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A voter’s guide to the ballot, mid-pandemic

For the first time in Massachusetts’s history, any registered voter can vote early in both the primary and general elections, as well as use absentee ballots.

A polling location in Manchester, New Hampshire. On July 6, Massachusetts Gov. Charlie Baker signed legislation allowing any registered voter to vote early or absentee in any election this year. LAURYN ALLEN/ DFP FILE

Gov. Charlie Baker signed legislation on July 6 to make voting safer and more accessible amid the coronavirus pandemic.

At least 35 other states have also modified their mail-in voting systems, according to Ballotpedia.

Beth Huang, executive director of Massachusetts Voter Table, a non-profit that works to increase voter engagement, said this is an important step in maintaining a fair democracy.

“We believe that no one should have to choose between their health and their right to vote,” Huang said.

Alex Keyssar, professor of history and social policy at Harvard Kennedy School, said it’s important to take advantage of accessible voting, especially now.

“I think the reasons for being active for voting and being active to try to encourage voting this year is quite obvious,” Keyssar said. “The direction of the country seems to be at stake and if one cares about that, then it’s important to vote.”

How to register to vote

Before you can vote in-person or request an absentee ballot, you must first register to vote.

Although 21 states have same-day voter registration, many states require voters to register in advance of election dates.

Erin O’Brien, associate professor of political science at University of Massachusetts Boston, said it’s important to check your state’s registration deadlines to ensure you’ll be eligible to vote.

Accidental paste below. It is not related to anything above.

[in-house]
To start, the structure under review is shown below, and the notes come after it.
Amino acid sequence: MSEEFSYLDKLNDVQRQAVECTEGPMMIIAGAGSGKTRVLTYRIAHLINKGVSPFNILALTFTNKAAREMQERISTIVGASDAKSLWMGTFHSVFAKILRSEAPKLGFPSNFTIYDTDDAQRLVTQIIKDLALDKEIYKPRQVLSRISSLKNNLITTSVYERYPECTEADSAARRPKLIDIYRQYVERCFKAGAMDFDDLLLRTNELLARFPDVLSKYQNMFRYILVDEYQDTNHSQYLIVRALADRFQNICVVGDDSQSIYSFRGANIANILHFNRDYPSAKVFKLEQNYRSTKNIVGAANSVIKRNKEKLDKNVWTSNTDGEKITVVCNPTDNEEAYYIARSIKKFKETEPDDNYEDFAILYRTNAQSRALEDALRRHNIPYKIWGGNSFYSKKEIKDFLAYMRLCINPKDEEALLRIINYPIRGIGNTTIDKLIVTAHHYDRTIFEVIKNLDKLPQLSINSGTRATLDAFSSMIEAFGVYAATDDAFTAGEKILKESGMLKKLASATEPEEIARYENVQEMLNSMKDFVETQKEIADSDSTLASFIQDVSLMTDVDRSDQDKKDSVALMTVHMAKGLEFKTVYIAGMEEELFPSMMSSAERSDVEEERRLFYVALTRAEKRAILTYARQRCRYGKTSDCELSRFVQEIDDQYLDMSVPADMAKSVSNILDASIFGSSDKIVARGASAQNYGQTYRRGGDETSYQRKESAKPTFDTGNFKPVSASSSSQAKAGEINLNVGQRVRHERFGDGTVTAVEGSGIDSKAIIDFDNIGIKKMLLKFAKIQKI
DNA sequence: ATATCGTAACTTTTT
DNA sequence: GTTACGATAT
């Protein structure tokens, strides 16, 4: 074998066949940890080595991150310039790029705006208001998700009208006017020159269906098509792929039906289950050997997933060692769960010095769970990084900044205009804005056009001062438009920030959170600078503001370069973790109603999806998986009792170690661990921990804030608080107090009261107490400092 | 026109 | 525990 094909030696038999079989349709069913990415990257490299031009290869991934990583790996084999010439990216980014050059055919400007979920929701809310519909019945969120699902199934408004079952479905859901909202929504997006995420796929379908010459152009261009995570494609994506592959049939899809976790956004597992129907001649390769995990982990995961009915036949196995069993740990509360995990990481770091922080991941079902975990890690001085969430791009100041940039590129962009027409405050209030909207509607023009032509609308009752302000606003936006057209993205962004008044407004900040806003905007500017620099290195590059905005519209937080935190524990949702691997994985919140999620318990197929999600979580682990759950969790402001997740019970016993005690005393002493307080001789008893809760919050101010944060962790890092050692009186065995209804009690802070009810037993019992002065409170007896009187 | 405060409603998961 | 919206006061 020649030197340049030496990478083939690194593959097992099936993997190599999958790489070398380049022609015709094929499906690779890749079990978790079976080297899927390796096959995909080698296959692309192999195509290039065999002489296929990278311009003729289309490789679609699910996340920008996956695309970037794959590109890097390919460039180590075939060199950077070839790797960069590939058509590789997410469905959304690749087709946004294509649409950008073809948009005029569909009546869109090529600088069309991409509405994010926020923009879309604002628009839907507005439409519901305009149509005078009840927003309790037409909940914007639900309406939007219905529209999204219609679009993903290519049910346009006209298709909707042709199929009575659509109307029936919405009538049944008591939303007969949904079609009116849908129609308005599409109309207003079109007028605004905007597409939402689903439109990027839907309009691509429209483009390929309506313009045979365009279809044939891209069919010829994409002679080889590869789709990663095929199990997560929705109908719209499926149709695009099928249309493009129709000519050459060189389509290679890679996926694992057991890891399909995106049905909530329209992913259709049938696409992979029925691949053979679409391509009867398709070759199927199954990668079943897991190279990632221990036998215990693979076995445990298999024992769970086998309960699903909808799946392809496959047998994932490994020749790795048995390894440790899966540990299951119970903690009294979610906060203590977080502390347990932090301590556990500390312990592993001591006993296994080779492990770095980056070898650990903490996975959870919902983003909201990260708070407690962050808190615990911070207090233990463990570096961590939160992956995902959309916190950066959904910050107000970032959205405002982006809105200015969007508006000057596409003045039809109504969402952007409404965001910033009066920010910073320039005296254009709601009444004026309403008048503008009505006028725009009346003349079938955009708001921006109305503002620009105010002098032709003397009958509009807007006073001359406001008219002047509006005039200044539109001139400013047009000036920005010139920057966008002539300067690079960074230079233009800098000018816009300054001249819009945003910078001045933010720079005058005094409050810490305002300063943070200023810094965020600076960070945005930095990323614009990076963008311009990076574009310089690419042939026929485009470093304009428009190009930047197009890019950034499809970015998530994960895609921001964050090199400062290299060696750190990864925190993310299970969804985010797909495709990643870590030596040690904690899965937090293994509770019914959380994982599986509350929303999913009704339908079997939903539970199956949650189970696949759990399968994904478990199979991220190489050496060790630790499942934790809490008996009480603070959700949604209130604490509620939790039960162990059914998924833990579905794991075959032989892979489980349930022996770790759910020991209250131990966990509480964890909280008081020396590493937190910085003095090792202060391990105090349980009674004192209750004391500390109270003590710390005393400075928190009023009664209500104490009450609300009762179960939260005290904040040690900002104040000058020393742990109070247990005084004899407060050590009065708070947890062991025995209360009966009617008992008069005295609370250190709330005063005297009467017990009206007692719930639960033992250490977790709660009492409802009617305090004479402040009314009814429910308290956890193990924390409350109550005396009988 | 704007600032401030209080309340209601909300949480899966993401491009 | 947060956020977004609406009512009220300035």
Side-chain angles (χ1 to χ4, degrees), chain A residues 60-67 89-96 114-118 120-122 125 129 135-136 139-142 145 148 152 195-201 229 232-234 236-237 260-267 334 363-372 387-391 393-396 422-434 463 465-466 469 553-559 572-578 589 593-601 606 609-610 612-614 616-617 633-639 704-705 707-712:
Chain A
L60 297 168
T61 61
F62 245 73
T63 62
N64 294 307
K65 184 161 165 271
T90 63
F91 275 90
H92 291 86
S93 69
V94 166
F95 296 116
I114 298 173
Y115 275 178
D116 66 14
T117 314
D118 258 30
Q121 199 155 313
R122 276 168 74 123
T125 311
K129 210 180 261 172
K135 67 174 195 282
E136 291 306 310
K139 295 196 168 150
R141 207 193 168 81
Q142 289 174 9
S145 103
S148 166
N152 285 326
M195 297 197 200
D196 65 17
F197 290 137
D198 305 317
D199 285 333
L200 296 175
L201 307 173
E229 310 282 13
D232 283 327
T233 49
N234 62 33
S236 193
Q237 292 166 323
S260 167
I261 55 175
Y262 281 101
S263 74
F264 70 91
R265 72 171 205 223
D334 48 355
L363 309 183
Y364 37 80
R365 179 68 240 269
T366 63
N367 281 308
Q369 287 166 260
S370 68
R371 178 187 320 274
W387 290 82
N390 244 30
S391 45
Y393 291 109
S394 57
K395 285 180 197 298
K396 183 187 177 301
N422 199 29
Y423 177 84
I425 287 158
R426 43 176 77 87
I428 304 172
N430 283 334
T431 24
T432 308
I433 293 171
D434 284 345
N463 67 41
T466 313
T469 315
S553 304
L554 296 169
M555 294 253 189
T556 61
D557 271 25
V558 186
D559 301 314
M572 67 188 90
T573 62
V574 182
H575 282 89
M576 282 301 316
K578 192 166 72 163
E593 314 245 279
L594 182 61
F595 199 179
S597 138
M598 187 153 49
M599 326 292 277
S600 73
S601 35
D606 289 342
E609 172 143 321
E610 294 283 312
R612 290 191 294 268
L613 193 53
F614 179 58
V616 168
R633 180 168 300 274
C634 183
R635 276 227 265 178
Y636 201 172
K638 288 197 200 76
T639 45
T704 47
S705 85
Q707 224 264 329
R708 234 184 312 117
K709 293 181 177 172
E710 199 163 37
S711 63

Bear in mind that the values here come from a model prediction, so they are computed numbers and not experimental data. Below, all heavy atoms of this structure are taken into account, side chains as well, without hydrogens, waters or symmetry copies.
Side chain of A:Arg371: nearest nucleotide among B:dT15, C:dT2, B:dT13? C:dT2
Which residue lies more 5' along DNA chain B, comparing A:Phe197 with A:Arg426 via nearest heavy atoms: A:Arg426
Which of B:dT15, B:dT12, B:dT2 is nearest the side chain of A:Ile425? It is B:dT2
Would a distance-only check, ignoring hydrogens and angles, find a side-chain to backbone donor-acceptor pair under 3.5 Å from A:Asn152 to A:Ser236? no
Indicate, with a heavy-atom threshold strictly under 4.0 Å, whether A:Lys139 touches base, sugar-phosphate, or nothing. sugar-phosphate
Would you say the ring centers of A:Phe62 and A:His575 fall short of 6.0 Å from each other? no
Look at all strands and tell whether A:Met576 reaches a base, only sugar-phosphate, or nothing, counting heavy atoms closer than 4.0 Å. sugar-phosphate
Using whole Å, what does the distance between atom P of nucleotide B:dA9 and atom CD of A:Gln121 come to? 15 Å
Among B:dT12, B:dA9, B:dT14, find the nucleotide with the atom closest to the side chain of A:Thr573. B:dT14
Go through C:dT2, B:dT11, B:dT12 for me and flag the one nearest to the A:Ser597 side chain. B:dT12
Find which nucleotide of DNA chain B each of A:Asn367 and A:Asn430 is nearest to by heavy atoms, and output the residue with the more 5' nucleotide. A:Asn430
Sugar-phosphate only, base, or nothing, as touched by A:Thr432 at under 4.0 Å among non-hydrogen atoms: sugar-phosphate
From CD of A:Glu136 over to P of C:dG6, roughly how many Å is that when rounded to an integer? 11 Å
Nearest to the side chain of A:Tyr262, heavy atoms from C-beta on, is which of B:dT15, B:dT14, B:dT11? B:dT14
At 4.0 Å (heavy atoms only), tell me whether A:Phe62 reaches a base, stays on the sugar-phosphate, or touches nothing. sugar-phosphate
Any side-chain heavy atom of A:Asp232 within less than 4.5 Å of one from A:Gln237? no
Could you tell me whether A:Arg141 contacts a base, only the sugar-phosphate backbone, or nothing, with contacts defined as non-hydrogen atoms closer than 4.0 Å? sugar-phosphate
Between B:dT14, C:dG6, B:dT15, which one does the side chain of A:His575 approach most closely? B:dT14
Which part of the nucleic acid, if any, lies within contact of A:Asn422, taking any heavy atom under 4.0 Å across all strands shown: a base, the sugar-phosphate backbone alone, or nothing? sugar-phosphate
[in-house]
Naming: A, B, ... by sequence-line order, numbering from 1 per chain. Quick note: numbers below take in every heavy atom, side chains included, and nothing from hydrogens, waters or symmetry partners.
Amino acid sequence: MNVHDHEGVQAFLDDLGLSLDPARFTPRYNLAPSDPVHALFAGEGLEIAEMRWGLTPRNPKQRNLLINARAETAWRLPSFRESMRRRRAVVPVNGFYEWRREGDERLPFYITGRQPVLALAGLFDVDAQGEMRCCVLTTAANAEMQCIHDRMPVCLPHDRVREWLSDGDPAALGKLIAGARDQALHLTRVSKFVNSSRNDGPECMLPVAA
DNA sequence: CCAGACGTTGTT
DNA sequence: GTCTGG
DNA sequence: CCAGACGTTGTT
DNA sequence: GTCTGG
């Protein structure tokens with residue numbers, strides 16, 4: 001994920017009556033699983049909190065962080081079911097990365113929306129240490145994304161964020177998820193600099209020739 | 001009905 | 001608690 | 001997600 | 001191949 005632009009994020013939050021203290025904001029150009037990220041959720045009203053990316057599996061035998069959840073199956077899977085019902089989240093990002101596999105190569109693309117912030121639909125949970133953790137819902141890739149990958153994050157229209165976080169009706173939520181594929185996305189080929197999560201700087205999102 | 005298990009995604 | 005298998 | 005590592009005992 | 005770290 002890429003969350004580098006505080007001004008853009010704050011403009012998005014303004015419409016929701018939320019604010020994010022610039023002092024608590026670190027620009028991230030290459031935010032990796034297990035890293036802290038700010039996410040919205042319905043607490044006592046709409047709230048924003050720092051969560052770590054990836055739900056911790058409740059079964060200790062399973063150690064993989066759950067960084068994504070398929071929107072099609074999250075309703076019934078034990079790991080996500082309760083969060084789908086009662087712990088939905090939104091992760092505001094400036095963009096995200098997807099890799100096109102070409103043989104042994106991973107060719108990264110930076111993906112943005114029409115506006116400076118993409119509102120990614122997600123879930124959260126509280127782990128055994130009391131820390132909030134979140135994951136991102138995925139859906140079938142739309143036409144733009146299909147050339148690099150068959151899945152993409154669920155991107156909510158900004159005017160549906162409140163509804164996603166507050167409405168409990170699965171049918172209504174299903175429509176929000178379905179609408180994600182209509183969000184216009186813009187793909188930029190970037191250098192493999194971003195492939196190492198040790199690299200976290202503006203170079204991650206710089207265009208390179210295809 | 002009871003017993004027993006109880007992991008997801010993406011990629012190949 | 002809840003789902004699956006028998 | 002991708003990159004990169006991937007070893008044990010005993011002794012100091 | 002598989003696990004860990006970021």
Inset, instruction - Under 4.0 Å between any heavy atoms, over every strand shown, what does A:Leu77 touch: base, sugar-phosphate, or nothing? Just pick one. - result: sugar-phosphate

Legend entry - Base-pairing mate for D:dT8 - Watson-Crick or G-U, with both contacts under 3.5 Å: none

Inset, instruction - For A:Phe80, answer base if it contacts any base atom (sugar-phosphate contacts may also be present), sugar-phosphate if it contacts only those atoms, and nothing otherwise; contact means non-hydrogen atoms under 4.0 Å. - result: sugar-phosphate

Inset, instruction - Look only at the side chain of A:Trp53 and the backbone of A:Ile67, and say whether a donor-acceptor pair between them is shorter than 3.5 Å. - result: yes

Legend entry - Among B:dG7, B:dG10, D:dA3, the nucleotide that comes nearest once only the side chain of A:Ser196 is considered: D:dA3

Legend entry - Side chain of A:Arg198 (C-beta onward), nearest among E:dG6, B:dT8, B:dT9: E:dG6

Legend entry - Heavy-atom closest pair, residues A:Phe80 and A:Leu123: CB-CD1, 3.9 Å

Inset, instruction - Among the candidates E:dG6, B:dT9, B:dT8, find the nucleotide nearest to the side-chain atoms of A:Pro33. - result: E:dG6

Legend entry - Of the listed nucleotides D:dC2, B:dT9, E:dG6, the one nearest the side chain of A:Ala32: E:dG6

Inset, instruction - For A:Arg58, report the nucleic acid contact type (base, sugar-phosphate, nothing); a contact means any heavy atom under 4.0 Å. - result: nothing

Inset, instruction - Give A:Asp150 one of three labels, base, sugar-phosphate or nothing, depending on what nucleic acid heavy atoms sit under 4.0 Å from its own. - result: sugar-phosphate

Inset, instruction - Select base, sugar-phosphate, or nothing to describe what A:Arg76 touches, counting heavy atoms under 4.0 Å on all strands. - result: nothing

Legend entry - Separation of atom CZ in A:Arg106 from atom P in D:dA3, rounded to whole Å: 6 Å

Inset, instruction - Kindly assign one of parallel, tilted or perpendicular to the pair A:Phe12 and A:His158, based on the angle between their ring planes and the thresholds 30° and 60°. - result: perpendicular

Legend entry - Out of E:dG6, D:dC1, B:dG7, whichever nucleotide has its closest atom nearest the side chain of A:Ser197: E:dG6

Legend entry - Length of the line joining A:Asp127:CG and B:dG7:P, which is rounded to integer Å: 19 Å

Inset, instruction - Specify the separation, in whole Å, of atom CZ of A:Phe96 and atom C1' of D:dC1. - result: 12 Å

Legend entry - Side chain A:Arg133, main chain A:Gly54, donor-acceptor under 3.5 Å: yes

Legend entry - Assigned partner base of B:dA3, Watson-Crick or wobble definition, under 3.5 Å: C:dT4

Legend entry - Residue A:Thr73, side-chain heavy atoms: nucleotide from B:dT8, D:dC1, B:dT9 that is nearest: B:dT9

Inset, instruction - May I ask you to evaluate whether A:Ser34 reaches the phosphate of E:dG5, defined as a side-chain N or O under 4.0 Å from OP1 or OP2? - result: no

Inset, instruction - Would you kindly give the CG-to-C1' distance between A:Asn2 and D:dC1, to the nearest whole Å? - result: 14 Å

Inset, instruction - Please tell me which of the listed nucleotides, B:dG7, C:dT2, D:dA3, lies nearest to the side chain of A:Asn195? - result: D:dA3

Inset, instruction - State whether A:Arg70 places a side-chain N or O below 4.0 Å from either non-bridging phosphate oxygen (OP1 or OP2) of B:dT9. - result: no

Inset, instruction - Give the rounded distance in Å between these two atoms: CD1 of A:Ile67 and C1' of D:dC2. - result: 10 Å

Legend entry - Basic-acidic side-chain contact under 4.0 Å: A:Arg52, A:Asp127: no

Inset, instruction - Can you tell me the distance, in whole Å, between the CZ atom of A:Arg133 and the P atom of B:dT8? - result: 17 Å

“We know that the registration barrier is the biggest impediment to voting, that in many countries you’re automatically registered,” O’Brien said. “The fact that we divide registration from voting, that’s an incredible impediment.”

Massachusetts residents must be registered by Aug. 22 to vote in the state’s primary and Oct. 24 for the general election.

In most states, you must be 18 years old to register to vote. But some states, Massachusetts included, allow voters to pre-register at as early as 16 so they automatically become a registered voter at 18.

For those deciding between registering to vote in the state they go to college in versus their permanent residential address, Huang said either choice is valid and ultimately up to the student.

“It’s wherever they feel is where their political home is,” Huang said. “It’s the place where they feel more connected, so if that’s here in Massachusetts, great. If that’s back home, that’s also good.”

Find out how to register in your state here. If you’re not sure whether you’re already registered to vote, check your status here.

How to vote

For first-time voters unsure of where to start, Huang said a helpful first step is finding issues they care about to create purpose in their voting.

“Identify why voting might matter to them,” Huang said. “Is it the high cost of college tuition? Is it that their public campus does not have a clear reopening plan that puts students, staff and faculty first? Is it that climate change is going to doom us sooner than we think?”

Next, voters should make the connection between the issues they care about and what’s actually on the ballot, Huang said, adding that it’s easier to make your voice heard in local elections.

O’Brien said youth voters have the power to make significant change.

“If youth turned out at the same rate as the elderly, [issues like] policy, student loan debt, minimum wage laws, those would look different,” O’Brien said. “Politicians respond to the constituencies that turn out. Your vote definitely matters.”

Although the presidential election is important, Huang said there is so little voter turnout that one vote has three times more impact in a primary and five to six times more impact in a local election than the general election.

Regardless of the type of election, Huang said the third step is to make a plan.